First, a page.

Content warning: rape, violence
On January 23, the Daily published a news story on Rape Aggression Defence (RAD), a self-defence workshop offered by McGill Security Services, which I was quoted in. This piece reflected the typical attitude in the feminist mainstream about self-defence: that self-defence is inherently bad, and it places the blame on victims. Overall, criticisms of self-defence are valid – don’t teach women not to get raped, teach men not to rape; sexual assault is often perpetrated by someone known to the survivor, etc. This being said, this characterization lacks specificity and context in its understanding of self-defence in general, and RAD in particular.
I attended RAD in winter 2014. Reflecting on it, I can say that the RAD curriculum is, unfortunately, terribly outdated. The facilitators have evidently never attended a sexual assault 101 workshop, and offer false information about the effectiveness or sensitivity of McGill administration or law enforcement in responding to disclosures. And, no, the workshop did not prevent me from getting raped a few months later.
However, not all self-defence is bad, and not all self-defence curricula are the same. The existing literature links self-defence training with a host of positive attitudes in participants: researchers have observed increased self-esteem, assertiveness, and ability to fight back in women – particularly in intimate partner violence situations. At a more holistic, feminist, evidence-based and survivor-centered level, feminist self defence or ‘empowerment self-defence’ has been shown by Jocelyn Hollander of the University of Oregon to reduce incidents of campus sexual assault.
I am especially worried that the focus on the problematic vocabulary of RAD facilitators, and the focus on proper words rather than actions in social justice circles, overshadows the impact of our work. Further, if I am to personally report assault, I would much rather be shamed for what I was wearing and how much I was drinking than have the administrators lie to my face and neglect to take concrete actions and provide me with accommodations post-assault – which is what happened when I reported.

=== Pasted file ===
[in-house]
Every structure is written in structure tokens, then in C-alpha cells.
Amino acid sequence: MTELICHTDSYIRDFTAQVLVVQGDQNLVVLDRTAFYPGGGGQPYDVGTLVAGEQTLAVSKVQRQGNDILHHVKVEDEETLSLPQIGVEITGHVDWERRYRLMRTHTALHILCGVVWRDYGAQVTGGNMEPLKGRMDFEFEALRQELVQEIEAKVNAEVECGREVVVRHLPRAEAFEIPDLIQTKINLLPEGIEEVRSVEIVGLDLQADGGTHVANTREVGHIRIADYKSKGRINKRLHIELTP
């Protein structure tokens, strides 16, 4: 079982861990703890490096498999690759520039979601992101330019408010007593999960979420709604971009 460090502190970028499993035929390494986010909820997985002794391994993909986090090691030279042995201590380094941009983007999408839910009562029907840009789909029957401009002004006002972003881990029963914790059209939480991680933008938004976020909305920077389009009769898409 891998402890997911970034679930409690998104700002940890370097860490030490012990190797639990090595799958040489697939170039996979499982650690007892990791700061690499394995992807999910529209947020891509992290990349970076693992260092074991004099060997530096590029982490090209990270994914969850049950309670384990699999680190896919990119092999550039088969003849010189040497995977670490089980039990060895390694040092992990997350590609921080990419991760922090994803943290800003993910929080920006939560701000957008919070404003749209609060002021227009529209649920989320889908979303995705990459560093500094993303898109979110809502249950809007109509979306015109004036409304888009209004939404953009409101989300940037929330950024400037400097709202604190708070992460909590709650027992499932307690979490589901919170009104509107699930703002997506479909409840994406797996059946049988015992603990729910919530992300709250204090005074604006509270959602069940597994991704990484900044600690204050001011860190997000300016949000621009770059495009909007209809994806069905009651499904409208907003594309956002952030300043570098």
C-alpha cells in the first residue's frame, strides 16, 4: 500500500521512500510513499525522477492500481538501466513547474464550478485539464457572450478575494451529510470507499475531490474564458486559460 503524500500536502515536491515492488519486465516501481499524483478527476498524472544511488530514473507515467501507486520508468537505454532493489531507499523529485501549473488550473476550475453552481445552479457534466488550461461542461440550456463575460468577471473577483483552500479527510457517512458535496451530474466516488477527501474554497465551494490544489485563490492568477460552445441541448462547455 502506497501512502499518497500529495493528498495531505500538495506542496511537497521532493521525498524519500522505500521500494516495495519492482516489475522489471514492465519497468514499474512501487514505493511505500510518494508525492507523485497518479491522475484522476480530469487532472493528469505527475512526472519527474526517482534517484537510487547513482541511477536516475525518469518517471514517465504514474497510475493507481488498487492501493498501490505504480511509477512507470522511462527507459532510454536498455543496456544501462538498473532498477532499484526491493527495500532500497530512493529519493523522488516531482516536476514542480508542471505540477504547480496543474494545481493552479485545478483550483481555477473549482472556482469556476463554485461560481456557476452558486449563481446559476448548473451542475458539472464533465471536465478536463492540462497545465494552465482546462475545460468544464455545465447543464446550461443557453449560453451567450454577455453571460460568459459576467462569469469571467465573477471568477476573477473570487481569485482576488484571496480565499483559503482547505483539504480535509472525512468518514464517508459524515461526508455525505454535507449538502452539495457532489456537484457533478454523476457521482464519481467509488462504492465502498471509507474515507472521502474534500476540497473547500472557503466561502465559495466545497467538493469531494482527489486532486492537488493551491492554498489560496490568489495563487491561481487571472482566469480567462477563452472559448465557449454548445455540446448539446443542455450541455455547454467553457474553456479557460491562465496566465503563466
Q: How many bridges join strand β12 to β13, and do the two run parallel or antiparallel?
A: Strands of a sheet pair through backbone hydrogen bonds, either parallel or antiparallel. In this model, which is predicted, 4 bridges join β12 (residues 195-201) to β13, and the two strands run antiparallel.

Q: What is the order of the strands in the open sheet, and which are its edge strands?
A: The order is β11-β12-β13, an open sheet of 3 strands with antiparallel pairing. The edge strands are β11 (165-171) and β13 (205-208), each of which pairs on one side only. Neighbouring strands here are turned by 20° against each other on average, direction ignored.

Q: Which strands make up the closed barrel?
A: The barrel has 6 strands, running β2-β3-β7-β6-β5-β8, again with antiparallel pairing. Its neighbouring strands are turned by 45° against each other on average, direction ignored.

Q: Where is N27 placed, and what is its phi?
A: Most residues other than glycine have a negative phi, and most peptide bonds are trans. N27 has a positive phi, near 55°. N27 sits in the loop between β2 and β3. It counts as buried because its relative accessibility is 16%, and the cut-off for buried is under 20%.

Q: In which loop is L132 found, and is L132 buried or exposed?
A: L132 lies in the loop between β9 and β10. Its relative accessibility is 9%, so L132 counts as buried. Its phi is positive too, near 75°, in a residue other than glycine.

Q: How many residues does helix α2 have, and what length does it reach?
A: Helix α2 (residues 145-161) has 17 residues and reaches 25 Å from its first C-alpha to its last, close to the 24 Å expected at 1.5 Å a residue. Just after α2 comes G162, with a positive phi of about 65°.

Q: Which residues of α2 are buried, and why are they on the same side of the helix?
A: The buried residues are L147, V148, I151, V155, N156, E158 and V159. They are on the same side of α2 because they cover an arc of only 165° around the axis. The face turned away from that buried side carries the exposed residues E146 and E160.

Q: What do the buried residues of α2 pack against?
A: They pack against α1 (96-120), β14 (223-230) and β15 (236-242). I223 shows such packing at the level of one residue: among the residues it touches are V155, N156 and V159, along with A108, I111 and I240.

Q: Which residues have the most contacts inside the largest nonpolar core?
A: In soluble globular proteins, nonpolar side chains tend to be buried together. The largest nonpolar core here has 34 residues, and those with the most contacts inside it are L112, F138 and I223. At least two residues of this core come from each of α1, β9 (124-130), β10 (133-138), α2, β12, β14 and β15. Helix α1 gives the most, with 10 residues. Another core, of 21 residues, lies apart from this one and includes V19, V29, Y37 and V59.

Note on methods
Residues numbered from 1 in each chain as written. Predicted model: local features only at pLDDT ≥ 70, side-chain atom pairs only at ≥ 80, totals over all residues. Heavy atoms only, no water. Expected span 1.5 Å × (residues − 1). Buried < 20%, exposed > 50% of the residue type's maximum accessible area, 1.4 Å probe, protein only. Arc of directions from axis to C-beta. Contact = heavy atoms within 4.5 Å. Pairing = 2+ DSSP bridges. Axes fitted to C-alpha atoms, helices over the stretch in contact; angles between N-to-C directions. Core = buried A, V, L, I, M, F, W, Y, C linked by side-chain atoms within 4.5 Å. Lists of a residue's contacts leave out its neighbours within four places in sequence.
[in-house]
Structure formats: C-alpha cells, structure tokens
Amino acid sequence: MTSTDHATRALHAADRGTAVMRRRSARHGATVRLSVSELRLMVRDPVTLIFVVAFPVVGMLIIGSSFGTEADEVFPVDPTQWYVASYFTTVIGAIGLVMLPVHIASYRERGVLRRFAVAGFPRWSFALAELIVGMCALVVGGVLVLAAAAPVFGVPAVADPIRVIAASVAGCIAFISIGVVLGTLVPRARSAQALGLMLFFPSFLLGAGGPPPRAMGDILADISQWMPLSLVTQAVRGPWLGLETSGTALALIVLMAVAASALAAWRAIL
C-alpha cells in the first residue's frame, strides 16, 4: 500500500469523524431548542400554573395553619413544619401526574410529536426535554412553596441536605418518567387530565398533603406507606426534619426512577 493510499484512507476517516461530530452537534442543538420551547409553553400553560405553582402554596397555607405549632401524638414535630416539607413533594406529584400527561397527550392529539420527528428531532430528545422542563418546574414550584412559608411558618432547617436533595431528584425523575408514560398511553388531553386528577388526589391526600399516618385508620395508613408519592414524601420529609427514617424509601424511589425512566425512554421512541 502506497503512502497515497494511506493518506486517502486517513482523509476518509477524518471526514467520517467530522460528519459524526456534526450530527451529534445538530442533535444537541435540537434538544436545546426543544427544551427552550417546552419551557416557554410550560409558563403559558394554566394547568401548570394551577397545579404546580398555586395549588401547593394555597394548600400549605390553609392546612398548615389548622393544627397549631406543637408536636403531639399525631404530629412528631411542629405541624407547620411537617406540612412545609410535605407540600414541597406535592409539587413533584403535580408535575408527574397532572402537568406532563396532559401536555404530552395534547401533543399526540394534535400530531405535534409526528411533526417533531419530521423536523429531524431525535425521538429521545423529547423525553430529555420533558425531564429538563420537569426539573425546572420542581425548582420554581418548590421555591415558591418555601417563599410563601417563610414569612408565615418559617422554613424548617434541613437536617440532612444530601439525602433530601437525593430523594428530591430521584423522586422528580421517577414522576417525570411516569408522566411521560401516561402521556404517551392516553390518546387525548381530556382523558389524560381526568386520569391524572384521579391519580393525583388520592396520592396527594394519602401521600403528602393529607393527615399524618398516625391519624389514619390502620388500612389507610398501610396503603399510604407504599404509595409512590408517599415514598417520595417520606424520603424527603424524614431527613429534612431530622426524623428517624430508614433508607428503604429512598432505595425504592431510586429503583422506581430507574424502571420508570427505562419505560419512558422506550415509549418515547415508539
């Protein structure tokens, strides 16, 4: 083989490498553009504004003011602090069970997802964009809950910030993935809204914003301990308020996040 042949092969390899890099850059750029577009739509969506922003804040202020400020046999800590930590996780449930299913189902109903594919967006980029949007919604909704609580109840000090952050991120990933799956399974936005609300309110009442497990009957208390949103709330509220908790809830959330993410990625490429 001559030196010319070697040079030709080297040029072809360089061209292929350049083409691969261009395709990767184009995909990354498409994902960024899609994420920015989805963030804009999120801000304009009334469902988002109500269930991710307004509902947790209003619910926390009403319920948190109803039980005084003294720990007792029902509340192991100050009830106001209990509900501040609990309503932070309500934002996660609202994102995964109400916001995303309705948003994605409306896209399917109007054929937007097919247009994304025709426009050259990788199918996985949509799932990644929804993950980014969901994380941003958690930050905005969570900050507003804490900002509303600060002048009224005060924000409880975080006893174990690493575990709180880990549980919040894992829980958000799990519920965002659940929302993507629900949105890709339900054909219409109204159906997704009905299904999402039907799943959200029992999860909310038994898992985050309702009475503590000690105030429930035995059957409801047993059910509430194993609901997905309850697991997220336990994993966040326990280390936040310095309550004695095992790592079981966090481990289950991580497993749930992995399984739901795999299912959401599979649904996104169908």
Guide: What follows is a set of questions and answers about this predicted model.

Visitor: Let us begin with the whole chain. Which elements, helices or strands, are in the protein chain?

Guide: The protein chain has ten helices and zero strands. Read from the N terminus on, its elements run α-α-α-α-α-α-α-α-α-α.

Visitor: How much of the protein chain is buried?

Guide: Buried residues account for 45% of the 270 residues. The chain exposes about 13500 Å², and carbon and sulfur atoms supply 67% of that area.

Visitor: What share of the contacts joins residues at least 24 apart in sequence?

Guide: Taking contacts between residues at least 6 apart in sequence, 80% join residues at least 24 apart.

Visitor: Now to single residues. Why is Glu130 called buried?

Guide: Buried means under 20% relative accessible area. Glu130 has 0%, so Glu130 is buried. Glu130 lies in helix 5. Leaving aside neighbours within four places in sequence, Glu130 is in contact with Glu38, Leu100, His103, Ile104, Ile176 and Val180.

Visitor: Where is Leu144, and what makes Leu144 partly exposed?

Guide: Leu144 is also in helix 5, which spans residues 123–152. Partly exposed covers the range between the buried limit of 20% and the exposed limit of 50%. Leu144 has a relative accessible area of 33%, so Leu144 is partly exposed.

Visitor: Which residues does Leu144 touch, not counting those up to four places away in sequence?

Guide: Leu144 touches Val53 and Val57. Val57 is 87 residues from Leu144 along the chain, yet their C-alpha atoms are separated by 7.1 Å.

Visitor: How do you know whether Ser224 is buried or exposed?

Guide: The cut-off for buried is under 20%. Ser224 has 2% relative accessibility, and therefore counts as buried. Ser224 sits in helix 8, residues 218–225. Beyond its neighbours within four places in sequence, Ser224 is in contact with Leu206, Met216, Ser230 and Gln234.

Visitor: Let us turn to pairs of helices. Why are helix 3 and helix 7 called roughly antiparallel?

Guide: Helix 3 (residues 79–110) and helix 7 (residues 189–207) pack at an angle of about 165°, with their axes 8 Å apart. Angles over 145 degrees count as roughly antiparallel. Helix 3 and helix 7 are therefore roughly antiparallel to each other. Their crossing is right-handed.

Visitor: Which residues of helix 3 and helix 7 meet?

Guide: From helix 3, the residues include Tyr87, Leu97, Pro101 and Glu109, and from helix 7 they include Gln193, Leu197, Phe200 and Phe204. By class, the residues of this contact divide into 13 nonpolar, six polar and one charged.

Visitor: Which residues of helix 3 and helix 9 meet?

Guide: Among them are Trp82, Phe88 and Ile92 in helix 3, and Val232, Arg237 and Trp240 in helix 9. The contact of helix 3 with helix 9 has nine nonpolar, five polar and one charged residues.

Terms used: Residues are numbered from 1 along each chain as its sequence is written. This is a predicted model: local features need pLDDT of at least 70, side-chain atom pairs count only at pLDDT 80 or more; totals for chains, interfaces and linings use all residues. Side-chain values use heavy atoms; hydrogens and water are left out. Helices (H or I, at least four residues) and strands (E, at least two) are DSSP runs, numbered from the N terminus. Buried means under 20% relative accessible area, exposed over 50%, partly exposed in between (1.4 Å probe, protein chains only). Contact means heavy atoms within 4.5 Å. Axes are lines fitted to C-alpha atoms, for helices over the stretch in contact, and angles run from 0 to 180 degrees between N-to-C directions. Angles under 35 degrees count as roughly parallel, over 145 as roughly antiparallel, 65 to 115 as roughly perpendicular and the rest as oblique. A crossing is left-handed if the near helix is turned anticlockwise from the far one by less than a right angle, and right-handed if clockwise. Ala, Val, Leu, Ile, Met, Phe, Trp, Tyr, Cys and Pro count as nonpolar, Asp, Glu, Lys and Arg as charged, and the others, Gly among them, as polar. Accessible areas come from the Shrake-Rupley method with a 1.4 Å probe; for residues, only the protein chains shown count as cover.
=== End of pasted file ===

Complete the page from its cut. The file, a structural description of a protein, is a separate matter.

Another critique of RAD focuses on the fact that it’s a closed workshop for women. Given that sexual assault is experienced by women 98 per cent of the time, I do not see an issue with having closed workshops to address scenarios experienced by women. I agree, however, that the sole focus on women leaves perpetrators – almost always men – off the hook. Self-defence offered in an institutional setting has to go hand-in-hand with holding rapists and abusers accountable. RAD doesn’t do this, but neither does any other measure at the university. Perhaps the newest and best proof of this lack of accountability is McGill’s lauded sexual assault policy, that places zero sanction on perpetrators. While indeed providing a structure for dealing with sexual assault, it is quite remarkable how the policy’s choice of feminist buzzwords and the latest social justice lingo effectively masks the lack of any sexual-assault centered disciplinary procedures.